The Suitcase Lady

Cartalk

October 4, 2016, 7:52 pm

I realized the other day that only an “a” separates the names of the cars my husband and I are currently driving. Somehow, we have ended up with a Fit and a Fiat.

Buying a car should be a pleasurable experience. But for those of us who abhor bargaining, car buying is a dismal, prolonged and absurd game. Unfortunately, with few exceptions, it is the only way to get a vehicle without being run over.

When my husband’s little, 1991 Miata convertible got very, very tired two years ago, we sent it to a cozy barn near us for a rest. At around the same time, my car, a Hyundai Accent, decided it did not want to be a Cuban car and live forever. The ugly car buying ritual loomed. When you are a grown up, it’s nice to have one reliable car in the family.

We have only three criteria when buying a car: low price, high mpg and shortness. Our cars are housed in our one car garage, parked end to end. If one of us wants a longer car, it’s understood that the big car will be parked outside and be shoveled out from blizzards by the one who wanted it. Shortness remains on the criteria list.

We spent a miserable Saturday checking out short cars at multiple dealerships. All were horribly designed and overpriced, nothing either of us could get excited about. As the afternoon ended, we had a brainstorm. We remembered the Fiat 500 we had rented in Europe, drove hundreds of miles, and both loved.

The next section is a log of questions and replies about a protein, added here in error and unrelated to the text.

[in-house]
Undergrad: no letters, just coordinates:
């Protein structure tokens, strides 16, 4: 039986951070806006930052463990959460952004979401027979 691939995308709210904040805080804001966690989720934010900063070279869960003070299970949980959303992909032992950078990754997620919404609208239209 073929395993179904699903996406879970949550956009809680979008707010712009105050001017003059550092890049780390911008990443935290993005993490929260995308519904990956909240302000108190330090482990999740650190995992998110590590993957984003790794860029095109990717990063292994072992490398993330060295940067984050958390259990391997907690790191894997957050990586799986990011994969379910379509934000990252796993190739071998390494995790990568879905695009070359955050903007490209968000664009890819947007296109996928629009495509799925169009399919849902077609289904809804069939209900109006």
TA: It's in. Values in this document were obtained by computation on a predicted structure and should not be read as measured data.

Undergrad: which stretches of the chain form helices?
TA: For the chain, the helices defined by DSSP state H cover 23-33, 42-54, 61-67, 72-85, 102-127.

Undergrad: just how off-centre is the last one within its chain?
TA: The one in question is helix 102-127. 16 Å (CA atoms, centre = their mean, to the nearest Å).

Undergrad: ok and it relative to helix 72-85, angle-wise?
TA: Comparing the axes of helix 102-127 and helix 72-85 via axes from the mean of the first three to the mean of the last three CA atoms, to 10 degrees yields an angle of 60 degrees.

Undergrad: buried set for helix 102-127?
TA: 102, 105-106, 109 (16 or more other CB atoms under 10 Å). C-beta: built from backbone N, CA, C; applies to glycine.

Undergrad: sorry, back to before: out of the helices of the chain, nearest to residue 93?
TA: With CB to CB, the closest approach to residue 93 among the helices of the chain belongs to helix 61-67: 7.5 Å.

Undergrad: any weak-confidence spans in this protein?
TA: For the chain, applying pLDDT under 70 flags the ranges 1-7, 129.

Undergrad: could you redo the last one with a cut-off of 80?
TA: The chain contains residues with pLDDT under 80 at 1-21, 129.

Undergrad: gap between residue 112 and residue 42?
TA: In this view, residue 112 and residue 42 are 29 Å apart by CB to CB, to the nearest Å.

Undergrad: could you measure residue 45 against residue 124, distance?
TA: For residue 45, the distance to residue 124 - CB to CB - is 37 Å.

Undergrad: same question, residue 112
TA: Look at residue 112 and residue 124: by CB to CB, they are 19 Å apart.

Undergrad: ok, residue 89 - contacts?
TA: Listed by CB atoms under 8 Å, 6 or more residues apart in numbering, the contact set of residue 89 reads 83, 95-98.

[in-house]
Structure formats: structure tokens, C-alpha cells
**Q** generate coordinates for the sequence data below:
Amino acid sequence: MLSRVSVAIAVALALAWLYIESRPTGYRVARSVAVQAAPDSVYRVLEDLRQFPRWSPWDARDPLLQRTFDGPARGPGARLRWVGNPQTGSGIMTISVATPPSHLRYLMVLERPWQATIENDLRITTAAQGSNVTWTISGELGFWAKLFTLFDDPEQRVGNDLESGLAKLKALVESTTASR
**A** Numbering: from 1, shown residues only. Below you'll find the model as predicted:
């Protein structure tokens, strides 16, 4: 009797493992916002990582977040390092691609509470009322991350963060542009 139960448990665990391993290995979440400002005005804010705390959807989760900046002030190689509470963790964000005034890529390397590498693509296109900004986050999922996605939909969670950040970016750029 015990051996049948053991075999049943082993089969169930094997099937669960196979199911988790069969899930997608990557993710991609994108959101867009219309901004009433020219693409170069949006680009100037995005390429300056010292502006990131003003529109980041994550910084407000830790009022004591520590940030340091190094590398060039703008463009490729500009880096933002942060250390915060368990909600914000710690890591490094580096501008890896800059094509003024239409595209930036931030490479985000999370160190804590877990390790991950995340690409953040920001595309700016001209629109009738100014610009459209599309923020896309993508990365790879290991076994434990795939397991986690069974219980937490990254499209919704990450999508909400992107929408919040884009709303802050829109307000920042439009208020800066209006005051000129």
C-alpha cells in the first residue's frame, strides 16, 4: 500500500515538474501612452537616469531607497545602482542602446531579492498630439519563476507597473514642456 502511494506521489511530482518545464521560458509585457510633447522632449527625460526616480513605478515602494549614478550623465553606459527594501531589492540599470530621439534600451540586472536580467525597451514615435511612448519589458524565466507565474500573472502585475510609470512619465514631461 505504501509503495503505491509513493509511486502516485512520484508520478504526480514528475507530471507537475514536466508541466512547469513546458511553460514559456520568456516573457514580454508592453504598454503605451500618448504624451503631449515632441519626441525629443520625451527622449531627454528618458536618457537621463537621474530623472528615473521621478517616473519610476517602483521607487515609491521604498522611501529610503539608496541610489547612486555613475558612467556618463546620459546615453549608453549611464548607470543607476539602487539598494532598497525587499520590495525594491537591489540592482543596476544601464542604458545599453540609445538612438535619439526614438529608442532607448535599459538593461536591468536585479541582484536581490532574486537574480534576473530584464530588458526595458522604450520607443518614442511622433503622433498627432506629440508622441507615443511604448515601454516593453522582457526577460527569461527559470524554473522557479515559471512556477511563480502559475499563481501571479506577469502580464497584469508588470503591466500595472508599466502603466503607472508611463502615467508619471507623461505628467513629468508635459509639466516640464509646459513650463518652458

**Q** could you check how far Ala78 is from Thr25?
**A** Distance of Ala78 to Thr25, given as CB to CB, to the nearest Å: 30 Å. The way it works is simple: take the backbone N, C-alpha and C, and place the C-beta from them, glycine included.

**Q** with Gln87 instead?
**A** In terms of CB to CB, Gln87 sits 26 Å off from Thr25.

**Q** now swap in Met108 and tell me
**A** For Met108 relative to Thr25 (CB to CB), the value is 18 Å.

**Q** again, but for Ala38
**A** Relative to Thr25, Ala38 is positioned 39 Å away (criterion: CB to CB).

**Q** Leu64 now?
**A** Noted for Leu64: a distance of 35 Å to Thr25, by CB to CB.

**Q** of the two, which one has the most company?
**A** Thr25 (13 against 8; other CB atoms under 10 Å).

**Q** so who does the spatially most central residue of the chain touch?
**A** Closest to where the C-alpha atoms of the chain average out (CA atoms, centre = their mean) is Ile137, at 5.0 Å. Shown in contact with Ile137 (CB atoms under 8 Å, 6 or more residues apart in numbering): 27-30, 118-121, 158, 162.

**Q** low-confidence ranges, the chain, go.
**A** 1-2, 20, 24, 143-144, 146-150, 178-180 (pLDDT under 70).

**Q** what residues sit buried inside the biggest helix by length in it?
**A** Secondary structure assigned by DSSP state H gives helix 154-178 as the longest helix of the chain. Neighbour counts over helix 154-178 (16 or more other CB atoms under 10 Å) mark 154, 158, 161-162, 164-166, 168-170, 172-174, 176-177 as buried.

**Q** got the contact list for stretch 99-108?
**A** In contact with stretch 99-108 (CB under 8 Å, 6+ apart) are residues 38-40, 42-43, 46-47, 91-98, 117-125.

Fiat dealers are few and far between, but we located one the following weekend. The Fiat was as good as we remembered. But one thing was not good, American roads. In the Netherlands, we drove on roads smooth as glass, not a crack, pothole or patch in sight. Since our American roads are a crumbling disgrace, the Fiat’s short wheel base yields a bumpy ride.

We bought the Fiat, but we bought a used one, figuring it would be used only for short trips around home. It has risen to every occasion, including bringing 14 feet long boards home from the lumber yard.

This spring when my beloved, orange Hyundai succumbed to old age, we replaced it with a “big” car, a Honda Fit. The Fit fits in the garage and regularly gets 40 miles to the gallon. Plus, we can take a 1,000 mile road trip and still have all our bones intact.

We hope to be out of the car buying business for many years.

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